Barring a few laughs here and there – most involving Nana Patekar and Anil Kapoor’s characters – there’s little to appreciate in Welcome, not least that ridiculous climax in which some 20 characters are stuck in a house that’s tipping off a mountain. I wasn’t a big fan of the director’s last blockbuster comedyNo Entry, but even I have to admit that was marginally better than this one.

For the few stray moments of humour in this otherwise banal film, I’ll go with one out of five and a thumbs down for Anees Bazmee’s Welcome, there’s absolutely no reason you should torture yourself through this one. If you do end up enjoying it, I’ll pay your psychiatrist’s bill.

(This review first aired on CNN-IBN)

December 7, 2007

Short, not sweet

Filed under: Our FIlms — Rajeev @ 11:03 pm

December 07, 2007

Cast: Sanjay Dutt, Sunil Shetty, Shabana Azmi, Naseeruddin Shah, Jimmy Shergill, Amrita Singh, Aftab Shivdasani

Directors: Sanjay Gupta, Hansal Mehta, Meghna Gulzar, Rohit Roy & more

The most basic problem with Dus Kahaniyaan, the omnibus film featuring ten short stories, is that there is no common theme, nothing at all really, that merits these ten stories to be slapped together as one collection.

Unlike Ramgopal Varma’s Darna Mana Hai or its follow-up Darna Zaroori Hai which were both omnibus films whose short stories centred around one common premise — fear, there is no logical explanation or criteria for the ten shorts in this film to be assembled together.

Now you’re probably wondering why that matters — why should there be a common take-off point for all stories as long as they’re all interesting stories, right?

Well, that’s just it — with nothing at all to rein them in, no boundaries whatsoever to work within, several of the stories turn out bizarre, abstract and pretty much pointless, if you ask me. Had every one of them at least come with a twist ending, you’d have something to look forward to, but barring a handful that do, the rest are either predictable or plain boring.

Let’s talk first about the stories that work. Matrimony, directed by Sanjay Gupta, featuring Arbaaz Khan and Mandira Bedi as a married couple in a tale about faith and betrayal is an enjoyable watch, and comes with a surprise in the end that’s both clever and obvious in retrospect.

Meghna Gulzar’s Pooranmaashi starring Amrita Singh and Minnisha Lamba as mother and daughter in a story about unconditional love, is my favourite of the ten shorts, because it’s such a heartbreaking tale with such a real and solid dilemma at its core.

And Sanjay Gupta’s Manoj Bajpai-Dia Mirza starrer Zahir works because it’s a relatable story, it’s remarkably well shot, but most of all because of that shock ending. Three good stories out of ten, is hardly a report card to be proud of, and honestly it’s not enough to keep your interest alive in Dus Kahaniyaan.

Of the stories that don’t quite cut it is Hansal Mehta’s High on the Highway, a wildly indulgent and completely incohesive tale of two drugged-out lovers starring Jimmy Shergill and Masumeh Makhija, both performing way off-key.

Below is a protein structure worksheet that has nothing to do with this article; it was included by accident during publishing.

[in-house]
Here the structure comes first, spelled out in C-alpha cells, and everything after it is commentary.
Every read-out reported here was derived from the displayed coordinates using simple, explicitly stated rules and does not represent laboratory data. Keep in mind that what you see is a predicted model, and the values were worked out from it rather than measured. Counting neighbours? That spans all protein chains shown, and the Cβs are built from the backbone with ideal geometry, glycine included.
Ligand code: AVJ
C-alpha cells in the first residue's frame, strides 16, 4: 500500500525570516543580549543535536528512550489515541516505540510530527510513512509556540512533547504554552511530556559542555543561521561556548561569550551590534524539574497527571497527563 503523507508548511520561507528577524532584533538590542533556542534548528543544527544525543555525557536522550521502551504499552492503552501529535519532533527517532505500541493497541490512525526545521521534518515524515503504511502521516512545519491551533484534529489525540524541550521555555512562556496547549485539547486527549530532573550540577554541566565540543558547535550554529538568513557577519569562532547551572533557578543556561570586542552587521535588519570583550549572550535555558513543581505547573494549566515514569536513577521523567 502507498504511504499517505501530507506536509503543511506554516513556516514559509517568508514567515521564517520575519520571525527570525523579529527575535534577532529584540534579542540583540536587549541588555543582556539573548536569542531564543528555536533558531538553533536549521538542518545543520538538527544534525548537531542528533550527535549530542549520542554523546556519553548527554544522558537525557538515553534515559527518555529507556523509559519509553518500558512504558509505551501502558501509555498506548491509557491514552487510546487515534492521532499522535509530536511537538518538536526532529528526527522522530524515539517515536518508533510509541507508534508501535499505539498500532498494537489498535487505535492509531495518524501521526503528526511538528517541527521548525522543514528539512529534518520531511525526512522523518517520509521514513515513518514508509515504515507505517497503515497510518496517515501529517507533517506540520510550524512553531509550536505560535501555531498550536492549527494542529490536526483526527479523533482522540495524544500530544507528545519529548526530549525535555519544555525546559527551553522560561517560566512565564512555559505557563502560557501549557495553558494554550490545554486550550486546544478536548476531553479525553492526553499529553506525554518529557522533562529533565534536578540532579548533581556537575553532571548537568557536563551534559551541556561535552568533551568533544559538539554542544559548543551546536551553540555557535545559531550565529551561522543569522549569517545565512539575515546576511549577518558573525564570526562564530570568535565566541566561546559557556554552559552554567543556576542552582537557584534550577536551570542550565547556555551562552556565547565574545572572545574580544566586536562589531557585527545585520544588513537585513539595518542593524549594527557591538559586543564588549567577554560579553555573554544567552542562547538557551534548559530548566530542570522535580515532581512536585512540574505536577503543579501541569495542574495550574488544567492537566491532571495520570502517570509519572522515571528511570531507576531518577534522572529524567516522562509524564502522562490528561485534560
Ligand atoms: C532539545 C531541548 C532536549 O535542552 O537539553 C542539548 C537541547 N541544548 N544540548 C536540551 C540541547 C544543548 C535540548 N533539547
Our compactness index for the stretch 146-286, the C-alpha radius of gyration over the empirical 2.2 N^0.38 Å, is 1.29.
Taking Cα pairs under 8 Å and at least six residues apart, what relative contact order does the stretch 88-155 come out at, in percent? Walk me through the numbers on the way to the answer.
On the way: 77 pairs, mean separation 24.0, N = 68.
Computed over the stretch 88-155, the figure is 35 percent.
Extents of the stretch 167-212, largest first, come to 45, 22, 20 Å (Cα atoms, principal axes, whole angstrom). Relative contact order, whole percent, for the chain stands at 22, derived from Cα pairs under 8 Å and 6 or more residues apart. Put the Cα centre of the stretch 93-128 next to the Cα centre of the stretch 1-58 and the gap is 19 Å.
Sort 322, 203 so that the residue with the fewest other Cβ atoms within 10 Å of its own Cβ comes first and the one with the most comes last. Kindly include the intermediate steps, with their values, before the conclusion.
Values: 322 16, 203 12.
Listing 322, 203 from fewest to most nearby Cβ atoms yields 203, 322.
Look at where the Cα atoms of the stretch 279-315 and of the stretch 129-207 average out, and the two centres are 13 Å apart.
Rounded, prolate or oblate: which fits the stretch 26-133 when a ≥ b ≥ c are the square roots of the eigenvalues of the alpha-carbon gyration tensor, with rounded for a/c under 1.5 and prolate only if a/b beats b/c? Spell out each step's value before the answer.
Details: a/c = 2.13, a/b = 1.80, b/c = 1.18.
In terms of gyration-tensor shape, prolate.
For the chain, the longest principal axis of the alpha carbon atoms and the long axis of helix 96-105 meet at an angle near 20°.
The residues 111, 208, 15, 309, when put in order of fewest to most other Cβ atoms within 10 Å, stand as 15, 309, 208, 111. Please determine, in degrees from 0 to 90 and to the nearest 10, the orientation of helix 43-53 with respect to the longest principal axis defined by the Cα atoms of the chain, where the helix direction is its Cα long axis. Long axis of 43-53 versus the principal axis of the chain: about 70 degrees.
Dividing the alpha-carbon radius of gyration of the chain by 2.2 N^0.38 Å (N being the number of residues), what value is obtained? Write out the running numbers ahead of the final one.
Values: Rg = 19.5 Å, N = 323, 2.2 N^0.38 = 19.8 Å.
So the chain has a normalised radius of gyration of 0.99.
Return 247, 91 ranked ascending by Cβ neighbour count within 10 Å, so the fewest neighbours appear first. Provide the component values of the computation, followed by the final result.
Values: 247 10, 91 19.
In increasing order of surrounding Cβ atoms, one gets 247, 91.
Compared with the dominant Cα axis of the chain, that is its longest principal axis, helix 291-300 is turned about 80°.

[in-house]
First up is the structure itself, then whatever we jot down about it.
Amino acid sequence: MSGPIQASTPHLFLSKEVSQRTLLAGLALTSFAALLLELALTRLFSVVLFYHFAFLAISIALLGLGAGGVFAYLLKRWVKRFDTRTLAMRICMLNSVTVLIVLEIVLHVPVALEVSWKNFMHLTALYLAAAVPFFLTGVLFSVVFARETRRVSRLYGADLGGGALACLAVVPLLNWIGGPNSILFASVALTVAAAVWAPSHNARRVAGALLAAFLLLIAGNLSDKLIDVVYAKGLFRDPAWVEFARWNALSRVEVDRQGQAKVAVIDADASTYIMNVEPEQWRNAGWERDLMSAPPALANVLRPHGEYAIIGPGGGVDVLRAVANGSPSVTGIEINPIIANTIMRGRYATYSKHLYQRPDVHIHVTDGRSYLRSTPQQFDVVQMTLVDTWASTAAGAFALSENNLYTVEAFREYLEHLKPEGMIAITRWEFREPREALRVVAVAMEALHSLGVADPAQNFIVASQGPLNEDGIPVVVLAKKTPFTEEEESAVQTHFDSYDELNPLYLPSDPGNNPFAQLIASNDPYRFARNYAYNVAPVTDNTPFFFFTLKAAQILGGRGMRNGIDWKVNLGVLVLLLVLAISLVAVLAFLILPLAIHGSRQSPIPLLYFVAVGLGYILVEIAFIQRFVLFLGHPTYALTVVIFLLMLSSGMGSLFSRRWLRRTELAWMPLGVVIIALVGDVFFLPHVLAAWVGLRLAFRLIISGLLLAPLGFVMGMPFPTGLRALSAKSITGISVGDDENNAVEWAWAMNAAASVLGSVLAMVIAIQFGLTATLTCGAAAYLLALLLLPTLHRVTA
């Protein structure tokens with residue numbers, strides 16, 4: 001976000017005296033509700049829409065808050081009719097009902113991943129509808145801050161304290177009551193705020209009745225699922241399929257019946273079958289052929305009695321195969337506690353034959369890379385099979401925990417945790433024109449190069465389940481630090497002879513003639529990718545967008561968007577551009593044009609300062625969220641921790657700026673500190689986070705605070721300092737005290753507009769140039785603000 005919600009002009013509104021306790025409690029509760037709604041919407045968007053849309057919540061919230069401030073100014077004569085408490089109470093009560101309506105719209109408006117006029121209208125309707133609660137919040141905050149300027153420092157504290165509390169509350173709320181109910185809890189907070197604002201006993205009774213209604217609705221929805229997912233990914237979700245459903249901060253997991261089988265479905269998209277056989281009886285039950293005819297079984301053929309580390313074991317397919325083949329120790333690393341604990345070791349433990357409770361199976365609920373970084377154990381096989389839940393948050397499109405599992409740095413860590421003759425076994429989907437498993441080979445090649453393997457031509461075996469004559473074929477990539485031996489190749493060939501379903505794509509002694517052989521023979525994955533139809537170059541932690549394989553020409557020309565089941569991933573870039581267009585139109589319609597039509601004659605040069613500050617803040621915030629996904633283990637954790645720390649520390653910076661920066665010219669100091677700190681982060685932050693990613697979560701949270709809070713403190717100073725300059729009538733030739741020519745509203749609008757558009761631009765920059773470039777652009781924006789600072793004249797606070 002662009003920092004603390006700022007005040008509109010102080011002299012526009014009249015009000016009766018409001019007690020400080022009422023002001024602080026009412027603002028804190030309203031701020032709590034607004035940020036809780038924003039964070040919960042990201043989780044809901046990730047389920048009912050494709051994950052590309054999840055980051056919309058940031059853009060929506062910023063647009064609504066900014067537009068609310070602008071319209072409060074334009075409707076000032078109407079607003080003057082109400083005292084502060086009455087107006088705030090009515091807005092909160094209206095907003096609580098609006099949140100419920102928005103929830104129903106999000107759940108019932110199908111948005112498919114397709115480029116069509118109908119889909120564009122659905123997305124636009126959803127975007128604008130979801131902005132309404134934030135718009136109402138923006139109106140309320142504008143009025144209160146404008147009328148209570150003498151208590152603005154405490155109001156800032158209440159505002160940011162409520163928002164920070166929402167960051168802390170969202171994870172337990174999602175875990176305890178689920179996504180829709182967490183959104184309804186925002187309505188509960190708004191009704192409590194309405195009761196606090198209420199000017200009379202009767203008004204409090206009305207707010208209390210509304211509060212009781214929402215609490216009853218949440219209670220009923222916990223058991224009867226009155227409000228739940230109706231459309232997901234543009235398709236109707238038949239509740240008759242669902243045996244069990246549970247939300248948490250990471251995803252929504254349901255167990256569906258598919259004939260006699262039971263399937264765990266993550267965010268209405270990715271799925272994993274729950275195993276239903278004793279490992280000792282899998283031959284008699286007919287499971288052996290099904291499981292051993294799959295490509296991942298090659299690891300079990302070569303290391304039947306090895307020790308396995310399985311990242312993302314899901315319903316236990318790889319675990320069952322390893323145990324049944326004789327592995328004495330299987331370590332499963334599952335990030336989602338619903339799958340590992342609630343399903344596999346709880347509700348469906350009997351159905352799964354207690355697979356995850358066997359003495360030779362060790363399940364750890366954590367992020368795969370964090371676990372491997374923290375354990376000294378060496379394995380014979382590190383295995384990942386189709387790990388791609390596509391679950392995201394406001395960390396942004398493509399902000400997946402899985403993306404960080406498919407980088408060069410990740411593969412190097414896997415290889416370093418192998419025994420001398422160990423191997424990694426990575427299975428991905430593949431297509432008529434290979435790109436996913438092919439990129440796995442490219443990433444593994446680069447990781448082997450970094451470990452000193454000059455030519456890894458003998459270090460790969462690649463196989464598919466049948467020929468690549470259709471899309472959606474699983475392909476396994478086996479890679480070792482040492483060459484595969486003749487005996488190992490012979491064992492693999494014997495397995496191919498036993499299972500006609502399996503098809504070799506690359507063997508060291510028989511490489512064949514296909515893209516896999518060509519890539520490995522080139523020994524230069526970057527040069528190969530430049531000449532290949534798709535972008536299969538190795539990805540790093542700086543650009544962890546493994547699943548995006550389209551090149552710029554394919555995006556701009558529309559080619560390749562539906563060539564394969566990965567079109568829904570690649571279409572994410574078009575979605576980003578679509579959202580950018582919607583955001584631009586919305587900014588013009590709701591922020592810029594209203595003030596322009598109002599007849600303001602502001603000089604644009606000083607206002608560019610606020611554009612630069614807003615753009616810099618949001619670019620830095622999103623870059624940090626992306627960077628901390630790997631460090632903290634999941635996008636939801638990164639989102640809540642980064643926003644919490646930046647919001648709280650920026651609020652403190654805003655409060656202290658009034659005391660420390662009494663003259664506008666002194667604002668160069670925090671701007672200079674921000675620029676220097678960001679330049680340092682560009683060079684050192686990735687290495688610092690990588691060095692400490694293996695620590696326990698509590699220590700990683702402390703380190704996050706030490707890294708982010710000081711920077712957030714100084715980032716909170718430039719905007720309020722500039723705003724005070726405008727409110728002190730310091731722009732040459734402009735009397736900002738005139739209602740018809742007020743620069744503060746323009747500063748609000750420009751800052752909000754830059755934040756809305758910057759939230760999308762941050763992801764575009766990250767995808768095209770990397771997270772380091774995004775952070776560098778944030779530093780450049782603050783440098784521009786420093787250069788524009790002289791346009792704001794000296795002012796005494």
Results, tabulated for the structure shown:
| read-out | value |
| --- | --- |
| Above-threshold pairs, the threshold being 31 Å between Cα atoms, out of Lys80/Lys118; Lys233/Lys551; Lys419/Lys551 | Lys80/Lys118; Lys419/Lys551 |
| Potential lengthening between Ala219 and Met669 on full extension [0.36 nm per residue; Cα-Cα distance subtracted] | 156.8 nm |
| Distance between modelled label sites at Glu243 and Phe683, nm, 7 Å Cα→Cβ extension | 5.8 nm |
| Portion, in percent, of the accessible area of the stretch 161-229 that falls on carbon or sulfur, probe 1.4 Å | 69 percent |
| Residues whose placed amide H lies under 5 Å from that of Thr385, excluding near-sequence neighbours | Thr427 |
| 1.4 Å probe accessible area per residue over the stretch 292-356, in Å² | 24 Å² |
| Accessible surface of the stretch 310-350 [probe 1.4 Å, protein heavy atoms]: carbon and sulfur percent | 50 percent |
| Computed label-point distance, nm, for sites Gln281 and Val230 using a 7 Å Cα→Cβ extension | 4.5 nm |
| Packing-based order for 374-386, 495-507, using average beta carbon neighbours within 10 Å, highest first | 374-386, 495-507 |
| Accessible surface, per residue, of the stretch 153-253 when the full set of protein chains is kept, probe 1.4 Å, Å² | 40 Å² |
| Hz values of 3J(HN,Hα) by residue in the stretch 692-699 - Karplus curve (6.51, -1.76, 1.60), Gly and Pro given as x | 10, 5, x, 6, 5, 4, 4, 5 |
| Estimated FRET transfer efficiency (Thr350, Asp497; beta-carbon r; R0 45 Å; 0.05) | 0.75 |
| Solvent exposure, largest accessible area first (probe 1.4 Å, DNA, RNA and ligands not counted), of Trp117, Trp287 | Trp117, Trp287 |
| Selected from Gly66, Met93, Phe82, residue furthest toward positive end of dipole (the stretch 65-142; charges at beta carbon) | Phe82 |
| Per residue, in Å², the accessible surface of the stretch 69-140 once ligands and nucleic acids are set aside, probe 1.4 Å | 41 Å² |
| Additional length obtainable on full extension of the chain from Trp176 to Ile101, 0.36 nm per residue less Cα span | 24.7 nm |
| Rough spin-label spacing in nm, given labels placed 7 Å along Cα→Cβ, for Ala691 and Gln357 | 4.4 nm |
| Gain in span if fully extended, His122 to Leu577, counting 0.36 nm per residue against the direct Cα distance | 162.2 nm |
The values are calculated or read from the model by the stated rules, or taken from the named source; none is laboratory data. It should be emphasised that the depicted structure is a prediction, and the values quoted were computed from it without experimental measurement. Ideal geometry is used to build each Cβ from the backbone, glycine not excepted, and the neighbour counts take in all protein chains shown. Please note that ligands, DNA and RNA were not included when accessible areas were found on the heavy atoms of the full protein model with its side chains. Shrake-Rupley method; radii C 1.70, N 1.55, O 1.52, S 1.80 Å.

Also Sanjay Gupta’s Neha Dhupia-Mahesh Manjrekar starrer Strangers in the Night, a cheap gimmick of a story that’s even more stupid when you go back and think about it, because if you ask me, the twist in that story is an offensive idea that’s disguised as a noble thought.

Lovedale directed by Jasmeet Dodhi, and starring Aftab Shivdasani and Neha Oberoi is a convenient and predictable story about destiny and divine intervention.

Apoorva Lakhia’s Sex on the Beach starring Dino Morea as the young stud who encounters a mysterious woman promising some guilty pleasure is a tasteless and contrived story that comes off as a cheap shot at skin-show.

Sanjay Gupta’s Gubbare features a heartwarming performance by Nana Patekar, but it’s also an unabashedly manipulative piece that unsuccessfully tries to tug at your heartstrings.

The most ridiculous of the ten stories however, is Rise and Fall starring Sanjay Dutt and Sunil Shetty in the kind of stereotypical roles you’ve seen them play in so many films before. They rattle off lines so indifferently, you can barely hear them as you struggle to make sense of this absurd film that’s all style and no substance.

Wide-angle lenses, sepia-toned photography, sharp cuts. But what the hell is going on? A fair question, I think, to Sanjay Gupta and Hansal Mehta, the two directors it took to come up with this nonsensical short. With six out of ten stories that sorely disappoint, Dus Kahaniyaan isn’t exactly pleasurable viewing.

And then there’s Rice Plate which is an easy watch purely on the strength of its performances. Shamelessly plagiarized from the celebrated short film Lunch Date which won the Palme d’Or at Cannes in 1990 for best short, also an Academy Award the following year, Rice Plate stars Shabana Azmi as a bigoted Tamilian Brahmin woman in a story about prejudices and fear.

Shabana delivers an incredible performance, and is complemented perfectly by Naseeruddin Shah who only appears in two scenes, but it’s the film’s director Rohit Roy who proves that even the finest material in the hands of an incompetent filmmaker can be reduced to nothing much.